Forget stocks and bonds; the currency market is looking into the future of monetary policy.
The dollar index is sitting at the highest levels since summer 2010, coming off a 10th consecutive week of gains. Data from the Commodity Futures Trading Commission showed last week that hedge funds and other large speculators are holding a decidedly bullish $31.42 billion net long position.
So why the sudden and sharp move higher for the U.S. currency, even as the Federal Reserve last week said it would keep interest rates low "for a considerable time"?
Arguably, the currency and bond market may have been more focused on the so-called dot plot, which showed some Fed officials projecting interest rates will have to rise faster when the time comes next year. After Fed Chair Janet Yellen made her case, the dollar index shot up with bond yields, and equities soared to new highs.
What's behind the dollar's muscularity? Economists say the greenback's new fans are reacting to growing confidence in the U.S. economy.
"The strength is telling you something about how the FX market is assessing the relative economic outlook in the U.S.," according to Gluskin Sheff's chief economist, David Rosenberg.
At the same time, interest rates in the U.S. have remained relatively stable. They have risen modestly, but have failed to match the dollar's torrid gains. The 10-year note yield, for instance, is off the low of 2.33 percent seen at the end of August.
"There is no doubt that the dollar has moved more substantially than U.S. interest rates," said Jens Nordvig, managing director and head of fixed income research and global head of currency strategy at Nomura.
"From a global perspective, there is a bit of a conundrum. Why is the dollar so strong, when rates are so relatively stable?" Nordvig asked.
Although explanations differ, strategists say it has to do with how the U.S. economy looks when compared with the dour outlook in places like Japan, Europe and China.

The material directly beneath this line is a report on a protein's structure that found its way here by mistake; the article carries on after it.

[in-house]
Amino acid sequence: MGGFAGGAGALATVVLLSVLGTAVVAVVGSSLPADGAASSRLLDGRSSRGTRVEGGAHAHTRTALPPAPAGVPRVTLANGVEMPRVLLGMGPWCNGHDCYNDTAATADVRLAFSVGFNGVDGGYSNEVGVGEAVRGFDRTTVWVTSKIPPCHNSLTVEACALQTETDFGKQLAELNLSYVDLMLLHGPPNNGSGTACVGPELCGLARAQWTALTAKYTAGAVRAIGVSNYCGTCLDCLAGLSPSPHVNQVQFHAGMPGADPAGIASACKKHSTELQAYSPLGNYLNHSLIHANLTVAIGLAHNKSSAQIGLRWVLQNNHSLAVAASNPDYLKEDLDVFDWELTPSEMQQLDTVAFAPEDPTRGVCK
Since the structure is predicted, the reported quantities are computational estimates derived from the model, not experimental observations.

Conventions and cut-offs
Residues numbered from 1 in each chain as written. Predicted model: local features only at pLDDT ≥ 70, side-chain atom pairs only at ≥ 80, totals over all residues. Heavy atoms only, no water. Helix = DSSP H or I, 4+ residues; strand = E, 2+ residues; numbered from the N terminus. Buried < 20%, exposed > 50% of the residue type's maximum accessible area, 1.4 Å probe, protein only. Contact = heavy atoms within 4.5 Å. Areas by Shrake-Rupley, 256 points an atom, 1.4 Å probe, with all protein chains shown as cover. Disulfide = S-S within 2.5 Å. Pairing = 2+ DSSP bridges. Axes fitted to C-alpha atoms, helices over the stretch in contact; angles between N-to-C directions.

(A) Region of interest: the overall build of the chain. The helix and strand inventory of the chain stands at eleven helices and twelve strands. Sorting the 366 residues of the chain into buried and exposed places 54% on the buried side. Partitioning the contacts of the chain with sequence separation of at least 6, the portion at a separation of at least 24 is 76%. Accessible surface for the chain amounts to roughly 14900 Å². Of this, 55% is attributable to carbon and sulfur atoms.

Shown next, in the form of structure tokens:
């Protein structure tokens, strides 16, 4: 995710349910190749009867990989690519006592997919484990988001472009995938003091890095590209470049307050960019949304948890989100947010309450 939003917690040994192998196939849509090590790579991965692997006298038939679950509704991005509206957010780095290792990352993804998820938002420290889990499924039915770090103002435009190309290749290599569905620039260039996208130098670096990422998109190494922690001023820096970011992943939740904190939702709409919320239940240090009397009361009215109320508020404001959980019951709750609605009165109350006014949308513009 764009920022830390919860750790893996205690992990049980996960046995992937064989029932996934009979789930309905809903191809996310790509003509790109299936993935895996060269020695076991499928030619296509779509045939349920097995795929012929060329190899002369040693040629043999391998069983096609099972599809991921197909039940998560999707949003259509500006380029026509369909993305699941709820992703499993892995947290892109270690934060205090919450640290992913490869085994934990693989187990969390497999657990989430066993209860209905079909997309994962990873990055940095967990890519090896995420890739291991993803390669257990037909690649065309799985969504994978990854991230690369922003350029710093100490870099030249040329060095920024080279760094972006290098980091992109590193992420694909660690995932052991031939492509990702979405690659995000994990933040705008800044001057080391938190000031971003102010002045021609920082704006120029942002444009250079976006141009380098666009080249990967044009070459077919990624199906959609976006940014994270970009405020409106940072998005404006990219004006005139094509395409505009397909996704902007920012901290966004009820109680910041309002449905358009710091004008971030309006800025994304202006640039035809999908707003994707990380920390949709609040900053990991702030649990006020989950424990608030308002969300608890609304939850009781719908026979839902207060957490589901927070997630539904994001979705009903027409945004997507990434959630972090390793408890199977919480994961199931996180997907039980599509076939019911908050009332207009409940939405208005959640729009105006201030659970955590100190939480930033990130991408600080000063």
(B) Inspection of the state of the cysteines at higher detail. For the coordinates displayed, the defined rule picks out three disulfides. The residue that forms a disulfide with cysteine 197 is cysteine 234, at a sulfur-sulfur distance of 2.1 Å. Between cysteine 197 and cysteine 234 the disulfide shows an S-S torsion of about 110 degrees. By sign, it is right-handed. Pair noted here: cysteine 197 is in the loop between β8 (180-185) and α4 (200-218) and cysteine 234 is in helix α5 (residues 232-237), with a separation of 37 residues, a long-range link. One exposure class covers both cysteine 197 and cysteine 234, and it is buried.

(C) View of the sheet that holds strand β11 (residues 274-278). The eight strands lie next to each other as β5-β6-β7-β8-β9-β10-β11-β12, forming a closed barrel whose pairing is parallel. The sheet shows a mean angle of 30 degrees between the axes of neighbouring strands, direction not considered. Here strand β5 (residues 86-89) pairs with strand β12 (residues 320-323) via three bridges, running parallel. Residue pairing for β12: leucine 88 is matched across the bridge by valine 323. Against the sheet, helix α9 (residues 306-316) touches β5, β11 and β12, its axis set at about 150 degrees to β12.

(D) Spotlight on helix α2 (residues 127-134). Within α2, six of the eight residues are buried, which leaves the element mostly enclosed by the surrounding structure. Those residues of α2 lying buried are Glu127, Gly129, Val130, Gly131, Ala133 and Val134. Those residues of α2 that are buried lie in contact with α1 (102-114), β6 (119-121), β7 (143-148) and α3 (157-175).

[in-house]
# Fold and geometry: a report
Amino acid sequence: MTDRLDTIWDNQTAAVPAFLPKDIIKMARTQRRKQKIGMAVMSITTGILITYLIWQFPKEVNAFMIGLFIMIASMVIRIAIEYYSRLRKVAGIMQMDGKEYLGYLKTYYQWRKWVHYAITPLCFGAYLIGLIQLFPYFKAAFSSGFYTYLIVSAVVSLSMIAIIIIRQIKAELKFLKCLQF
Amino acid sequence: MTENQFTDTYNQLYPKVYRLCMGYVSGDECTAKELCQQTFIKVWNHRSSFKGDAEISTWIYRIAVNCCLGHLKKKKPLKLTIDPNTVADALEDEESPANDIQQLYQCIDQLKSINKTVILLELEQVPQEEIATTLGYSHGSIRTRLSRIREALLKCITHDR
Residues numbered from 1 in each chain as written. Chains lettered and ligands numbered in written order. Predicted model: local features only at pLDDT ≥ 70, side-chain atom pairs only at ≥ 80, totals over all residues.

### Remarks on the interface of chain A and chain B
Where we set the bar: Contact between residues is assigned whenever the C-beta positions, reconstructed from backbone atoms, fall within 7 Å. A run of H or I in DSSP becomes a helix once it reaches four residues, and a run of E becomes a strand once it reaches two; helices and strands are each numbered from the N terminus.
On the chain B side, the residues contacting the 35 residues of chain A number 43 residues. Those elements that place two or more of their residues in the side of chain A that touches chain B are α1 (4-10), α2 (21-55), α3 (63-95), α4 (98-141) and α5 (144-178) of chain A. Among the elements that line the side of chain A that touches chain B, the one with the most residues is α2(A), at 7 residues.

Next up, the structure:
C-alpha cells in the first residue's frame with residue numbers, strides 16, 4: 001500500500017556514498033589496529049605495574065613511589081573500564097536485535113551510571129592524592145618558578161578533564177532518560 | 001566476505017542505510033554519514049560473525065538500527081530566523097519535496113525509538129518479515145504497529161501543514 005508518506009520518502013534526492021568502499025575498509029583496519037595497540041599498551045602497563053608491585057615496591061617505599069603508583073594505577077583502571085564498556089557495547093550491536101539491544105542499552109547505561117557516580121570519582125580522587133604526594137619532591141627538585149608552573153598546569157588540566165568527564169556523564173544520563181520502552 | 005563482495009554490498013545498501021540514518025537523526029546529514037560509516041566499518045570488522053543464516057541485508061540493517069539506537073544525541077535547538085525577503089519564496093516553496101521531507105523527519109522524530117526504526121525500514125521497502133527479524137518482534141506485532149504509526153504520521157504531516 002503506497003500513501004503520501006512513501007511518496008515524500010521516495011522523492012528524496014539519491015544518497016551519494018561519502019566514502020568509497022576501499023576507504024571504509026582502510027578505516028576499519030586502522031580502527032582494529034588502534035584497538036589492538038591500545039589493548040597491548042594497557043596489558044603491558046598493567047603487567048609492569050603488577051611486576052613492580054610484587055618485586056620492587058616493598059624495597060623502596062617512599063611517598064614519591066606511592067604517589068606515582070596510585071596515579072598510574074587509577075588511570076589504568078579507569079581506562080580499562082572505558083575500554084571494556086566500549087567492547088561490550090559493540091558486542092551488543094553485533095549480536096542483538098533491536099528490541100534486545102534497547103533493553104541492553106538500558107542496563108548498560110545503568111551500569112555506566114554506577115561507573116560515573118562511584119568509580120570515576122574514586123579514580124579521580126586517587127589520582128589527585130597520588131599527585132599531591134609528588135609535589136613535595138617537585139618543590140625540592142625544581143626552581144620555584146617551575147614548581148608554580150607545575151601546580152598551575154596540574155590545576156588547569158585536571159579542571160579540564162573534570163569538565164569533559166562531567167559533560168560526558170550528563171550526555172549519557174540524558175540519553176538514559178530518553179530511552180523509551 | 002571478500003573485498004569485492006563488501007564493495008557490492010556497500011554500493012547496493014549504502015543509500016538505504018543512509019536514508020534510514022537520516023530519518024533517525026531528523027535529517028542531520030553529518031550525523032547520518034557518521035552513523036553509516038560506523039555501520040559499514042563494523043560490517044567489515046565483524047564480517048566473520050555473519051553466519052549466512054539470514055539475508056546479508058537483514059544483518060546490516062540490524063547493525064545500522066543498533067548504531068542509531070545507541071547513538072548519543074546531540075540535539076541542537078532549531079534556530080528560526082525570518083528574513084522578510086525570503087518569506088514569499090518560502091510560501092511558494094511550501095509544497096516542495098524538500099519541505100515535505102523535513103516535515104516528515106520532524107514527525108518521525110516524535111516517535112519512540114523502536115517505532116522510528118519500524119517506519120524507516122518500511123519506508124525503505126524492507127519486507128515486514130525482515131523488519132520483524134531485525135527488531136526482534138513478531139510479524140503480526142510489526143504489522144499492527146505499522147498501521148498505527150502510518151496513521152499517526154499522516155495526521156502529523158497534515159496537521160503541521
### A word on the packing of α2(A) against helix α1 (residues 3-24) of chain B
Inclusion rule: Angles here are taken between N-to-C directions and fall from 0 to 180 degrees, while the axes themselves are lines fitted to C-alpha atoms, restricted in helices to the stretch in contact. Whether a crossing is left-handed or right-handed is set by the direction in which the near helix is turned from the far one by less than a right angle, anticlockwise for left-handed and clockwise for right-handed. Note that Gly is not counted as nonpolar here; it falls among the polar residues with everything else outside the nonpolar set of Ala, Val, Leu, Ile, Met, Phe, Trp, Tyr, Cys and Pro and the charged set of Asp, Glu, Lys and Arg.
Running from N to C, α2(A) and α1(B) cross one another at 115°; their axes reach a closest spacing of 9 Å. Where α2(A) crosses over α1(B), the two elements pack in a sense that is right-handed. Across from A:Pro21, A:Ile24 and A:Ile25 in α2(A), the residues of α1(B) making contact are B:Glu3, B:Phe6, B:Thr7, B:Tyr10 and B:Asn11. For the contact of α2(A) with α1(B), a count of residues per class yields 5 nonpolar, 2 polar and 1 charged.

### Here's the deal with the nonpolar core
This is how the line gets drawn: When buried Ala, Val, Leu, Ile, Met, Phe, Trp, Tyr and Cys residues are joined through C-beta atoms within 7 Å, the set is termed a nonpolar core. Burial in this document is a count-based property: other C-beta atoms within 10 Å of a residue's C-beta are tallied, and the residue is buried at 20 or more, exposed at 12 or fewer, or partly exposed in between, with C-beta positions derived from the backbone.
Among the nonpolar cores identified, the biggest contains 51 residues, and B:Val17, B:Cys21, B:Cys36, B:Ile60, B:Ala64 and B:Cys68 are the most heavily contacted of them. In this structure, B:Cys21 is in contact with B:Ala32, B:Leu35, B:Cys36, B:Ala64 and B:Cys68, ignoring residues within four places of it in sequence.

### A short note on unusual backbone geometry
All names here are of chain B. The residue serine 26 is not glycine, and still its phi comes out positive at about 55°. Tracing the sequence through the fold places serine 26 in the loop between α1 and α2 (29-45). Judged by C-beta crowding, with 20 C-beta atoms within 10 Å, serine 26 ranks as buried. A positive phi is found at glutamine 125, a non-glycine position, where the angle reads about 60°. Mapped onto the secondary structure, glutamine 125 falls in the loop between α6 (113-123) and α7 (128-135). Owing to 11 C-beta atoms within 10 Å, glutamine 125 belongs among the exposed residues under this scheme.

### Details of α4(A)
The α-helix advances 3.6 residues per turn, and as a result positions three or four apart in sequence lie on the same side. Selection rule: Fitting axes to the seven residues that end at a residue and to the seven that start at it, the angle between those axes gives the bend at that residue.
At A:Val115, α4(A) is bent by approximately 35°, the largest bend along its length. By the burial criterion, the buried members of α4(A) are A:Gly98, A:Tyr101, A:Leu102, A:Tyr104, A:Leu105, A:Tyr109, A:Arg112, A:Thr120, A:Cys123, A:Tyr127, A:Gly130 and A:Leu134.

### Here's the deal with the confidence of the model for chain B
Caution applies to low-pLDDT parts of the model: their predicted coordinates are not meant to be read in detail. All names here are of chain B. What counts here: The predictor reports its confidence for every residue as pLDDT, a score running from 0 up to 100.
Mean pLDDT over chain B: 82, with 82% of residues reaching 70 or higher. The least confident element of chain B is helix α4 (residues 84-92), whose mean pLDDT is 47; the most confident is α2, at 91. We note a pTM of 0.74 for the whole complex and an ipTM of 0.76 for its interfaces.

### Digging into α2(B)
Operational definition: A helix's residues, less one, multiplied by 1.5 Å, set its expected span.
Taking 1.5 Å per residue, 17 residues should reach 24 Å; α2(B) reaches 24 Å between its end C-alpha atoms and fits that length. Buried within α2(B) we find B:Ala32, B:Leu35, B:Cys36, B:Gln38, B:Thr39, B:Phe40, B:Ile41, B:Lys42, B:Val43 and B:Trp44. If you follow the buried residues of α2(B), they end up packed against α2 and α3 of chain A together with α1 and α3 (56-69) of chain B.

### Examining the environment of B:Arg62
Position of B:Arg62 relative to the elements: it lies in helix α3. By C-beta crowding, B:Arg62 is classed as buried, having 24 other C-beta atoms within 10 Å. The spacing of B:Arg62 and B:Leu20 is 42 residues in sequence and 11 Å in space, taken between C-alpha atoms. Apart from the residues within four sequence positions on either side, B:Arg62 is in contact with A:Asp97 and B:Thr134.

The 12-nation euro zone "is perilously close to outright deflation and another recession," Gluskin Sheff's Rosenberg said. "Wage stagnation in the U.K. for the first time in five years is causing a reassessment" of the Bank of England's monetary policy, he said.
Meanwhile, "Japan has not emerged unscathed from the April sales tax shock, [with] China slowing down far more than expected and property prices deflating for four months running."
Steven Englander, chief FX strategist at Citigroup, said last week that the outsized move in the currency market might have to do with the harmful impact of higher interest rates on other economies. The move, he wrote in a research note to clients, "may be explained by the benign implications of the Fed's indicated fed funds path for the U.S. and the not-so-benign implications for other countries."
Nomura's Nordvig says the dollar is sniffing out higher interest rates and leading the way for other financial markets.
"I think the FX market is looking ahead, and seeing a dollar which is in structural recovery, and which will eventually get support from rate hikes," he said, even if the timing of tighter monetary policy is uncertain. That would match the greenback's historical tendency to foreshadow tighter Fed monetary policy.
"The dollar tends to move about six to nine months before the first rate hike by the Fed," Nordvig added. "We are in that period now, and it fits with dollar dynamics in the past three tightening cycles."
The upshot is that the world's largest economy is stronger than its major counterparts, and that eventually will translate into higher rates. Although analysts are divided about whether the dollar is reflecting out performance of the economy, or whether it's pricing in higher interest rates faster than other markets, most agree that these gains are likely here to stay.
"The Fed exit from [bond buying] and zero interest rate policy will be so contrasting from the need for further easing in Japan, Europe and China that even if it doesn't go in a straight line, the dollar should be able to move higher, said Kit Juckes, head of foreign exchange research at Societe Generale.